The Importance of Otho
Changing direction now from the early history of Otho’s release, let’s look at the character of Otho and where he fits into the storyline of Mythic Legions. This information was not available during the initial Kickstarter, so fans did not realize the importance of this character at that time, or of the role he played with two other key characters in our story - the brothers Attila Leossyr and Attlus the Conqueror. According to Otho’s bio:
Widely known as the greatest warrior in the Army of Leodysseus, Otho stands at Attila Leossyr’s side as his closest friend and most trusted advisor. As childhood friends, Otho, Attila, and Attlus were inseparable as they diligently trained for the day they would all walk onto the battlefield. Walking away from battle after battle unscathed, Otho’s deepest wound came as a result of Attlus’ departure. That departure weighs heavily on Otho, perhaps even more than on Attlus’ own brother Attila.
Otho’s place as a trusted advisor and key member of the Army of Leodysseus would be reinforced in the short comic story that was part of the Mythic Legions Art Book. In that story, Otho visits Castle Silverhorn where he acts as an emissary from the Army of Leodysseus to Xylona’s Flock, meeting with Artymss Silverchord and her advisors to reinforce the alliance and friendship between these two heroic factions. This meeting is eventually interrupted by Skapular the Cryptbreaker and the mercenaries from the Sons of the Red Star. In the battle that ensues, Otho shows why he is “known as the greatest warrior in the Army of Leodysseus.” You can see the cover of the Art Book below to see Otho amongst the warriors from Xylona's Flock that he partners with in that story.
Otho is Not an All Star
We are aware of our fans’ requests to rerelease Otho, but many of those fans would be surprised to discover that Otho was indeed eligible for inclusion back when we did the vote for All Stars 2. Not only did he not make it in, he actually didn’t even come close.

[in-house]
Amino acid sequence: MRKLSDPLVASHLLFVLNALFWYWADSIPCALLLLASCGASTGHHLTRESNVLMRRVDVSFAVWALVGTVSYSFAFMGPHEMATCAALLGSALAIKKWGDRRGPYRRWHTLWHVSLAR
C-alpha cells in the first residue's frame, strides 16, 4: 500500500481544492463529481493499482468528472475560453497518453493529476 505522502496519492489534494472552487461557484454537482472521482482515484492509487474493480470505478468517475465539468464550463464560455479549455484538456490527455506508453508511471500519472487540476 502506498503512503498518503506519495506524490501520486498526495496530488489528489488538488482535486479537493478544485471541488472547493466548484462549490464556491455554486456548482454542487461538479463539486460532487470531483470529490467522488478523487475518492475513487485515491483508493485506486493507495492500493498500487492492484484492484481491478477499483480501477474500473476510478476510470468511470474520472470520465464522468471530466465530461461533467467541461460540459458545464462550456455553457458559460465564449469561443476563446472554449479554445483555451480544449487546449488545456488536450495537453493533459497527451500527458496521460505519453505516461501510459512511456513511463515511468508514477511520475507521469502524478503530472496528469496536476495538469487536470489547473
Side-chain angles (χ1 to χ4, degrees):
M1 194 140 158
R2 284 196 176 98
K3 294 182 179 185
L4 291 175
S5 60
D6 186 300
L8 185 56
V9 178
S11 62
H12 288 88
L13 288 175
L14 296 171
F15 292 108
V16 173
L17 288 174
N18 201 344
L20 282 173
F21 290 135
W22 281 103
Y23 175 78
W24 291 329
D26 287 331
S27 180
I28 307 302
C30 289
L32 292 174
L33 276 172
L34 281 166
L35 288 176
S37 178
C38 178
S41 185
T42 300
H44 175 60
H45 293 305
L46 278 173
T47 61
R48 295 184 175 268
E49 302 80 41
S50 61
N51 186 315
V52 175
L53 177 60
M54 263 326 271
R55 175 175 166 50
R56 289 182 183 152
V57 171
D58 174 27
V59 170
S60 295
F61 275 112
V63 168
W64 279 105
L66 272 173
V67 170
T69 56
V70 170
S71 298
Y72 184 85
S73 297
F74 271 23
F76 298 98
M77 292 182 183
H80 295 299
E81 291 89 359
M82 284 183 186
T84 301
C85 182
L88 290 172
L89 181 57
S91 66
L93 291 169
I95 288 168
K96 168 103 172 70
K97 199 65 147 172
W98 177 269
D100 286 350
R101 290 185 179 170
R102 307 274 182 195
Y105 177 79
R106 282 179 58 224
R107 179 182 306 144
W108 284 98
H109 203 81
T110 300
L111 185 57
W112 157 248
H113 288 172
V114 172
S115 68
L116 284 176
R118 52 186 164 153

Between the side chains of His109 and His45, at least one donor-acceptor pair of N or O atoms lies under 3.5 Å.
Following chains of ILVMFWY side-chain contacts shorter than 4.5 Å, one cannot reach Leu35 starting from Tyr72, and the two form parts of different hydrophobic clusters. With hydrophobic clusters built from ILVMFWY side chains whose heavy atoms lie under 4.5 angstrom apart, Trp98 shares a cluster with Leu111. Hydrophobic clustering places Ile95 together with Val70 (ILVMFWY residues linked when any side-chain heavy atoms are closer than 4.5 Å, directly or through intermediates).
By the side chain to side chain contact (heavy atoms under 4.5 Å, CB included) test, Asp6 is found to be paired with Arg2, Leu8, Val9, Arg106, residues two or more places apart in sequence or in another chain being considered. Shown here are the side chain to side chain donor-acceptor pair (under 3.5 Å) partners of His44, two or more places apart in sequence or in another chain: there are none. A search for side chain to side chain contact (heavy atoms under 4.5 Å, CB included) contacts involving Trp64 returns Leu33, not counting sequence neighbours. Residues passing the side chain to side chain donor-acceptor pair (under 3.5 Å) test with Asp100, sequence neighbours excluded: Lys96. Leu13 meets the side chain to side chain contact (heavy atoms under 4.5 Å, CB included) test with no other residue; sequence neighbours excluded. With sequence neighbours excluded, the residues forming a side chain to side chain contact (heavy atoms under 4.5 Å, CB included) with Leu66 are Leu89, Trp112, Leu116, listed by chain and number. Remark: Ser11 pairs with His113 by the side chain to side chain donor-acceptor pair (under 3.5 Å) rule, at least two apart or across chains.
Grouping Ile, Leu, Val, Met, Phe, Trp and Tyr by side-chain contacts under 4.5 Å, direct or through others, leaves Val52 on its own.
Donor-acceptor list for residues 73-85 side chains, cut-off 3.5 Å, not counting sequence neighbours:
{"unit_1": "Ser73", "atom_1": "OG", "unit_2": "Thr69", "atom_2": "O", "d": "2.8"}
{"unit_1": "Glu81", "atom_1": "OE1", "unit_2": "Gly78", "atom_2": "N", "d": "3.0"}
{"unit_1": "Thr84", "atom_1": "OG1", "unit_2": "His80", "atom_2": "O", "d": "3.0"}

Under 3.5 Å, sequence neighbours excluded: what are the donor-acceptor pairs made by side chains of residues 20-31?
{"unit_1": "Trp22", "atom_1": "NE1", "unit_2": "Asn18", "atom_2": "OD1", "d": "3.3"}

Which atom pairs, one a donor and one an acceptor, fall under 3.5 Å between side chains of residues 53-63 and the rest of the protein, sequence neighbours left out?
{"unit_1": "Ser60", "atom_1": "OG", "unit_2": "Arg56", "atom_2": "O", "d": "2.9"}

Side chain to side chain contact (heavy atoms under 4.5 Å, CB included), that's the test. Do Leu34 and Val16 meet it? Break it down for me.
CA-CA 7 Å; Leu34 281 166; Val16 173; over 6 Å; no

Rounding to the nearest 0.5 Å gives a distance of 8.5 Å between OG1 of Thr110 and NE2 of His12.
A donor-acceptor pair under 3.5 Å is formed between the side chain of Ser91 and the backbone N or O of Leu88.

By the time we were preparing the vote for All Stars 3 (and again for All Stars 4), we decided to eliminate Otho from the running. We did the same for a number of other important, named characters in the line. This was deliberate, because it was around this time that we began considering NEW and improved versions of existing characters! The possibility of updating these characters, as opposed to simply reissuing them as is, excited us and the creative wheels began turning. Fans would start to see this approach of updated versions of characters in the Illythia wave with the release of a new Baron Volligar and a new Artymss Silverchord, and again during the Mythic Legions Tactics: War of the Aetherblade Kickstarter campaign with the release of the 2-pack featuring new versions of Attila Leossyr and Gorgo Aetherblade. This is why we have not seen key named characters in the past few All Stars votes, because at some point, if they are to be redone as figures, we want to update and improve upon what came before!
The Legend of Otho
As we stated at the start of this article, Otho has reached a kind of legendary status in the Mythic Legions community. He is often one of the final figures fans are able to acquire for their collection, and many proudly post their “grail haul” photos once this elusive warrior finally makes his way into their hands.
We’ve also admittedly had some fun playing with the legendary status of Otho. Our production manager, Chris, loves working little images or mentions of Otho into many of the emails he sends out announcing upcoming sales on StoreHorsemen. Even writing this article is a not-so-subtle way for us to get fans excited for Otho and the possibility of his return.
Will we see another Otho some day? All we can say is that there is much more story to be told for Mythic Legions, and Otho certainly has a role to play in that story.
Published on 03.01.22